The Ultimate Data Strategy: The Key Elements

Business Intelligence, data visualization

In our past few blogposts we’ve taken a close look at modern day data strategy. We’ve spoken at length about data truth,  data architectures, striking a difference between defense and offense and the value that a Chief Data Officer can bring to a data focused organization. Now it comes time to bring all that we’ve learned together; to look at the key elements that make up the ultimate data strategy.

A C-Suite’s Commitment to Data

It all starts at the top. For any data strategy to succeed there must be real investment from the organization’s decision makers. Anything less than a serious commitment to data will mean that any strategy will be doomed to fail before it starts.

Non-committal leadership will under-resource any data strategy initiatives; the subsequent underperformance will reaffirm their initial apprehension, further minimizing resources  directed to the strategy. It’s a vicious cycle that leaves the organization well behind their competitors as the data revolution gains steam. The C-suite, and the CEO in particular, must take the time to understand the incredible potential of investing in data strategy.

On the other hand, when leadership shares their decision-making process with their employees and shows their commitment to viewing data as the company’s most important asset, employee ownership and adoption of your data strategy increases. It’s safe to assume a company wouldn’t invest in something unless leadership didn’t think it will produce their ROI, so leaders should communicate that reasoning to their team and then consistently follow up with employees regarding how often and effectively they're using data to improve their decision-making.


A Clearly Defined Purpose…

Once the organization commits to the data strategy, its purpose must be defined. The strategy’s mission and end goal will rest on the organization’s circumstances, both internal and external. As we discussed in our article on the data strategy spectrum, the purpose will likely lean either towards defense or offense. For example, a business in the heavily regulated healthcare industry which has recently experienced a privacy breach will lean firmly towards defense, while a less-regulated electronics retailer which finds itself attempting to enter a new market will tend  towards offense.

A clearly defined purpose allows an organization to better prioritize the work that executing a strategy demands. Purpose leads to direction and metrics, or the the goalposts at which to aim. Your focus on either defense or offense, or perhaps an even balance of the two, will also influence the data sources you use (as discussed in our data truth article) and the architectures that control the data (as discussed in our architecture article).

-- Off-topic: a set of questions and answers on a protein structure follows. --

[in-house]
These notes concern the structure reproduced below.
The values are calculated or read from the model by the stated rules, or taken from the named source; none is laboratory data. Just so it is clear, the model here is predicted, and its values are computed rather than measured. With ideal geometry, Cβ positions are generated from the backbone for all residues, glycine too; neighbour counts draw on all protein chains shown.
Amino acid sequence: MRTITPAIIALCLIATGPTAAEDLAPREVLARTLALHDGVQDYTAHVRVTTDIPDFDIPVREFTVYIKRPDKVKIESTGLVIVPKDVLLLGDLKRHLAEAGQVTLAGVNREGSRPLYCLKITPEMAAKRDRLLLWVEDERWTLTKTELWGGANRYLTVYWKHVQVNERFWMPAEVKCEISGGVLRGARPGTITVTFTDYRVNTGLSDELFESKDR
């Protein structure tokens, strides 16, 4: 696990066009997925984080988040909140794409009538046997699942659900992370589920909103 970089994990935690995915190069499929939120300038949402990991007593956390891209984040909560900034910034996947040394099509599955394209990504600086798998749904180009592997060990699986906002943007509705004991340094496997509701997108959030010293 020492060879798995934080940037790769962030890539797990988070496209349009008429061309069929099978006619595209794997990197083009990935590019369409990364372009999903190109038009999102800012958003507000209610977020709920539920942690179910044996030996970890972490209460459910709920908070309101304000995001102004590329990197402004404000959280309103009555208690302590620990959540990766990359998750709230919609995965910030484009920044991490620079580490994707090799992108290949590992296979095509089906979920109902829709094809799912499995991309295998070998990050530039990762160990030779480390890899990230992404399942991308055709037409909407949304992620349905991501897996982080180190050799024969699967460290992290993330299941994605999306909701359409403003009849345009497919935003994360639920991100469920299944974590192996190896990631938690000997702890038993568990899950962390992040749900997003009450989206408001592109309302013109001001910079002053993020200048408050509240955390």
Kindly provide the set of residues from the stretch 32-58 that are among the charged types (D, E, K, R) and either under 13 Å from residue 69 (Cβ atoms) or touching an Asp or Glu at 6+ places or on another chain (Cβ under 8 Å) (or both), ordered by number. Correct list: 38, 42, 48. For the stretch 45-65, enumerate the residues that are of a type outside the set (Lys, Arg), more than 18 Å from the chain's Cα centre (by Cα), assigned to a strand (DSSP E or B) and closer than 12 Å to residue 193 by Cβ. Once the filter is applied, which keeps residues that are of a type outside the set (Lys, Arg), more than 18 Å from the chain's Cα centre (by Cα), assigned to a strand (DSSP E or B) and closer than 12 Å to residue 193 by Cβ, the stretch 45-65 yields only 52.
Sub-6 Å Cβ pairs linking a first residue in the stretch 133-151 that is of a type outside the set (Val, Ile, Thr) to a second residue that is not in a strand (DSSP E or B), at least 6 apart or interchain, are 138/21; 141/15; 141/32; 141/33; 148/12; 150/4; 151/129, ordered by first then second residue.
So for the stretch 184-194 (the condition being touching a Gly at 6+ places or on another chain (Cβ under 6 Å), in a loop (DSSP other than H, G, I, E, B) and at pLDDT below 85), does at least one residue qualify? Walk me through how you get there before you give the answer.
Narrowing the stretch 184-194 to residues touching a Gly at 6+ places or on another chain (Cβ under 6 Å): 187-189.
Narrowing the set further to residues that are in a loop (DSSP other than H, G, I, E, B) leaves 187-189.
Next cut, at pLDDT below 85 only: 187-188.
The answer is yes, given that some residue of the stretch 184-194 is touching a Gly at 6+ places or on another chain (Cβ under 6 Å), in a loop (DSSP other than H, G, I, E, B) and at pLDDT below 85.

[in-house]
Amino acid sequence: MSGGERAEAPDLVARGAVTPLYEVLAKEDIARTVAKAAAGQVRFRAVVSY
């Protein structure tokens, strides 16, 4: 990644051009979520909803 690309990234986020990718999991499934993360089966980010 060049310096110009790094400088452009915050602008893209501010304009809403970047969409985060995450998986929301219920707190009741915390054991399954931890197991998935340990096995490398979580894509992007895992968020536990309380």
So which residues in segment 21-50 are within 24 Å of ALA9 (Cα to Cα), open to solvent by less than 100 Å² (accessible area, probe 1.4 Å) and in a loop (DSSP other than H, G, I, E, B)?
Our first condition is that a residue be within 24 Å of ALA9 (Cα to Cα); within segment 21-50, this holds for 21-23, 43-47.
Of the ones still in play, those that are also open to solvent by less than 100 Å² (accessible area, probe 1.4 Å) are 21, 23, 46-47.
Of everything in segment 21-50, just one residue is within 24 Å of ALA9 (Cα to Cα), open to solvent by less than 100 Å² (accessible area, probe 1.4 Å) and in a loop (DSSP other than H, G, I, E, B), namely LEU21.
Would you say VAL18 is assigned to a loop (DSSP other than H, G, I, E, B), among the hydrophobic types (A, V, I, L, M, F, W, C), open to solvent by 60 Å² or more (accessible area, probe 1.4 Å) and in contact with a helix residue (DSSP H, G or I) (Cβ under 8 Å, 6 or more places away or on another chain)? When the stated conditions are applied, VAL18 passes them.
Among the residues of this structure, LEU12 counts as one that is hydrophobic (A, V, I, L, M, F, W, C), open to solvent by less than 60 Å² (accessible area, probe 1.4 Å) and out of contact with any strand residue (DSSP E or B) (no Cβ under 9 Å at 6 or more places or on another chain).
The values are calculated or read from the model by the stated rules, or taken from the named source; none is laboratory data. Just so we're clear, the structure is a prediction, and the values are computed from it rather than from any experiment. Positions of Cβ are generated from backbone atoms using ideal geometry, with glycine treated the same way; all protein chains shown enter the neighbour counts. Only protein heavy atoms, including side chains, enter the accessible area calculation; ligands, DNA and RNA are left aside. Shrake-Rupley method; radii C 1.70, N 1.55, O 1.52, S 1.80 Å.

… That Is Also Flexible and Pragmatic

Perhaps counterintuitively, you also need to have the ability to move these goalposts should your organization’s situation change. The ultimate data strategy is marked by an ability to morph and change as needed – it must be able to seamlessly adapt, if circumstances demand, from a focus on defense one month to a focus on offense the next, or vice versa.

This level of flexibility can only be achieved if you design and build your systems and procedures to be capable of such flexibility from the outset. This task is made far easier if you have a team and leader directly responsible for all things data, which brings us neatly to…


Distinct Data Roles

As we discussed in our blogpost about investing in a Chief Data Officer, the value of investing in the right people to direct your data efforts cannot be underestimated. The magnitude of this investment will obviously be limited by your organization’s size and available resources, but if you find the right people, this will pay dividends well into the future.

A Chief Data Officer is the central figure in all of this, and takes on the responsibility of developing a data strategy, albeit with support from the CEO and other relevant leaders, such as the Chief Information Officer. If data-related work is left to employees for which it is ‘just another thing to do’, your strategy will go nowhere. Data strategy is the sort of big picture work that will inevitably fall down the priority list of anyone for whom it isn’t the sole focus.


Structured Implementation

Once you have the motivation, a plan, and you have constructed a capable team, the final element of the ultimate data strategy relates to implementation. It’s vital that there is a measured, structured roll-out of the strategy. A roll-out which doesn’t overwhelm those involved.

It’s important not to bite off more than you can chew. Set your sights on doing the basics well first. Generating a reliable SSoT (Single Source of Truth) should be one of the first items on the to-do list, as this ensures that your entire data team, and indeed your entire organization, is operating from a common set of trusted facts.


Data is king already, but into the future it promises to become godlike. As of this year (2020), every person generates an average of 2.5 extabytes per day, And that's expected to increase to 463 extabytes per day by 2025. The ultimate data strategy involves commitment, clarity, pragmatism, expertise and a thoughtful approach. If you manage to do all these things well, your organization will be perfectly placed to handle the approaching data tsunami.